Burrowing underground.

Author:George, Alan
Position:Underground oil storage facilities in Saudi Arabia

AFTER NEARLY TWO decades of delay, Saudi Arabia is pressing ahead with an estimated $5bn-plus project to built a series of underground oil storage depots which will have a combined capacity of 30m barrels. Because of the scheme's strategic and political sensitivities, however, none of the parties involved is keen on publicity, and only the broad outlines of the project have emerged.

Intended to assure supplies of refined products to the kingdom's armed forces in times of crisis, the scheme involves deep caverns at an initial six sites - all of them near major military bases. The main contract is held by a Saudi-owned Swedish company, ABV Rock Group, which is using mainly Swedish expertise. Later, a series of smaller caverns will be built, to provide an integrated storage system able to supply all parts of the kingdom.

The project was initially mooted in the mid-1970s, when Saudi Arabia first established itself as the dominant Opec producer. At that time, however, it did not move beyond studies of potential storage sites on the Red Sea coast, prepared by Toronto-based Acres Consulting Services. For Riyadh, engaged as it then was in a determined drive to establish its basic infrastructure, other projects had higher priority.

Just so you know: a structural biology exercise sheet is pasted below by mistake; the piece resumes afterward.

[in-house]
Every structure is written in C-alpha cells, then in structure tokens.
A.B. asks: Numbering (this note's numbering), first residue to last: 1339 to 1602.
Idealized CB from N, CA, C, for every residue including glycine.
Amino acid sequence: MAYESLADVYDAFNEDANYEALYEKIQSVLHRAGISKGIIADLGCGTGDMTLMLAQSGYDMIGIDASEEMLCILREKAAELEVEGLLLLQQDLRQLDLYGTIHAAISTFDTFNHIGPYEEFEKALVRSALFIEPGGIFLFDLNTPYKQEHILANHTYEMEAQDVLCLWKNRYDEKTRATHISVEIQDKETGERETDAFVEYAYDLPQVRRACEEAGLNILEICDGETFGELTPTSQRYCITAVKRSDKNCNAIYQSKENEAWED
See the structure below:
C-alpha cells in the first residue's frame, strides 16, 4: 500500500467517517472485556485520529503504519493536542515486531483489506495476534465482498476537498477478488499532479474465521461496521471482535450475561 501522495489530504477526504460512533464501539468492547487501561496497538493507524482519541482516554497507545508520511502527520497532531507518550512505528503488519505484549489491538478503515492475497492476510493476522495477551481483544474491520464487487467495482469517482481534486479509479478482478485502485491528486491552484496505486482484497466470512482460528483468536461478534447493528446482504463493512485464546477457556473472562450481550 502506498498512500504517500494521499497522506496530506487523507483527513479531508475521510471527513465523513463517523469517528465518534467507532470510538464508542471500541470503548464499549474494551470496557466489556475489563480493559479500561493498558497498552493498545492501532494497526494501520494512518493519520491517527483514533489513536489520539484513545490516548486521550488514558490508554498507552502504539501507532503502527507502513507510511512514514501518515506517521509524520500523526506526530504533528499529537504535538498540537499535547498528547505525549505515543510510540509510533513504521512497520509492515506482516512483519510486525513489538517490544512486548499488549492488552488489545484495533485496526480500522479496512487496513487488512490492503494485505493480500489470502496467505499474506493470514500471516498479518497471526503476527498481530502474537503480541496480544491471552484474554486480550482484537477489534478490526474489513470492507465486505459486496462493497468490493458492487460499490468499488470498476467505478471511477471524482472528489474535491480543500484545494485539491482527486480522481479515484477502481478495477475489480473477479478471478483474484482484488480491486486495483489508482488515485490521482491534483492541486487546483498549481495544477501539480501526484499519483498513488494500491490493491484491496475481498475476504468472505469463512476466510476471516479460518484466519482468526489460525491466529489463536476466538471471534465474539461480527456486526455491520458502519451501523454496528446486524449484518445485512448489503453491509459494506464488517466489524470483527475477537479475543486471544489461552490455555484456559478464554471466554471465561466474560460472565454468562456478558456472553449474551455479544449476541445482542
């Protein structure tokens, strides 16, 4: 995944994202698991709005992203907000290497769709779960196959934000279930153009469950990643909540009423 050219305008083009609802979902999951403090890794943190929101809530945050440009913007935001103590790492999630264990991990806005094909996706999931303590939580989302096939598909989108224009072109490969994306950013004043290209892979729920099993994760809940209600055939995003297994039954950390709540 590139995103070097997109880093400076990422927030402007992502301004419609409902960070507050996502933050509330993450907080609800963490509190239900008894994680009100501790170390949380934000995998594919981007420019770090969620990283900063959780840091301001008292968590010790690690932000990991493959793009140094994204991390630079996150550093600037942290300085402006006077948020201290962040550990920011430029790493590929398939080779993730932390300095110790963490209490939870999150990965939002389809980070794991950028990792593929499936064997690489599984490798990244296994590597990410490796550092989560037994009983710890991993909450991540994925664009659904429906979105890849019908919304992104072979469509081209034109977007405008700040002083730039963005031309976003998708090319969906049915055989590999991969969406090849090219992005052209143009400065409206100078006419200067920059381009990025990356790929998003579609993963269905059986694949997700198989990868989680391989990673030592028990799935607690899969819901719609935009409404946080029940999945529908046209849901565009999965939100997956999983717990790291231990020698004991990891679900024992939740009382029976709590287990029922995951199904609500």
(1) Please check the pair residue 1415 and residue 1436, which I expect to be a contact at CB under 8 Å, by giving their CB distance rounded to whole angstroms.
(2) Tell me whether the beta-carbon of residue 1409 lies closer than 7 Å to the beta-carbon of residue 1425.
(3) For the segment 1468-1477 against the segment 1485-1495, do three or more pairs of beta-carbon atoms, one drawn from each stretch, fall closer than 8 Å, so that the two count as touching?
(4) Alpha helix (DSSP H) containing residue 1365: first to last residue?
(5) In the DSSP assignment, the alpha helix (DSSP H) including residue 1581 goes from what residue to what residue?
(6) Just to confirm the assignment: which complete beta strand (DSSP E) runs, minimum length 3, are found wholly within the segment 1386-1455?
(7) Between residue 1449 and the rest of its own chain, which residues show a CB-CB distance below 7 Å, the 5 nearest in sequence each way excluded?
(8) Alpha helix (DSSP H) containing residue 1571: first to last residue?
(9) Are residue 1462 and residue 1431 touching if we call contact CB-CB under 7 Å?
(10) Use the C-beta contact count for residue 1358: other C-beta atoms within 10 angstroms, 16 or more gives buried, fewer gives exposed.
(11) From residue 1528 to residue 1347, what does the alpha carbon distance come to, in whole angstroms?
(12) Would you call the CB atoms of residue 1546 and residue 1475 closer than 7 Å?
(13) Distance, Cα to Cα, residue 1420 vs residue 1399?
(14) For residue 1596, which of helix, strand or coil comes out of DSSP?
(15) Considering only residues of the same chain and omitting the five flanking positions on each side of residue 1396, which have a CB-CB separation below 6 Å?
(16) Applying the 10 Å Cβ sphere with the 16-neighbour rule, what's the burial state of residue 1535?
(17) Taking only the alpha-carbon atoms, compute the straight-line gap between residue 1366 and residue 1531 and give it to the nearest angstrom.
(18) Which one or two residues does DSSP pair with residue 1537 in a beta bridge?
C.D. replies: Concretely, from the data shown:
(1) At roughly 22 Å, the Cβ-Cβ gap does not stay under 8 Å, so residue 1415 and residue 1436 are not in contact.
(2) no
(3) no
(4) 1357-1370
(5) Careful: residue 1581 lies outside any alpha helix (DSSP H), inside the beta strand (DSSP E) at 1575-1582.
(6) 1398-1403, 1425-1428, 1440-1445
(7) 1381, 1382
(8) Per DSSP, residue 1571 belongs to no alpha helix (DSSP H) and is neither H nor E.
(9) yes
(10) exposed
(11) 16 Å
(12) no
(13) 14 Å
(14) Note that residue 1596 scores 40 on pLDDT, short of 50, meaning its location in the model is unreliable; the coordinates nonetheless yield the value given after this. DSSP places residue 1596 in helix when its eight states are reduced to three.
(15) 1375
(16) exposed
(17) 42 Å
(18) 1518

The threats to the kingdom's security posed by the 1980-88 Iran-Iraq war prompted renewed Saudi interest in the oil storage scheme. In the mid-1980s the client, the Defence and Aviation Ministry, was holding negotiations with Swedish, South Korean and West German consortia, and by mid-1987 ABV Rock Group - a joint venture between Swedish contractors ABV and Skanska - had emerged as the clear front runners.

ABV Rock Group's prospects had been enhanced by the signature in January 1987 of an agreement under which technical advice for the estimated seven-year project would be provided to the client by two Swedish government agencies, the Board of Fortifications and the Civil Defence Board.

In 1986, however, world oil prices crashed, slashing the kingdom's revenues, and financing the storage scheme became a major headache. During 1987 talks centred on a possible oil barter deal, but ABV Rock Group was unable to find guaranteed outlets for the crude. Nevertheless, in mid-year the joint venture signed a main framework agreement for the project management and construction contract.

At about the same time it was reported that the Saudi Petroleum and Minerals Ministry had decided to allocate the project revenues from 200,000 b/d of...

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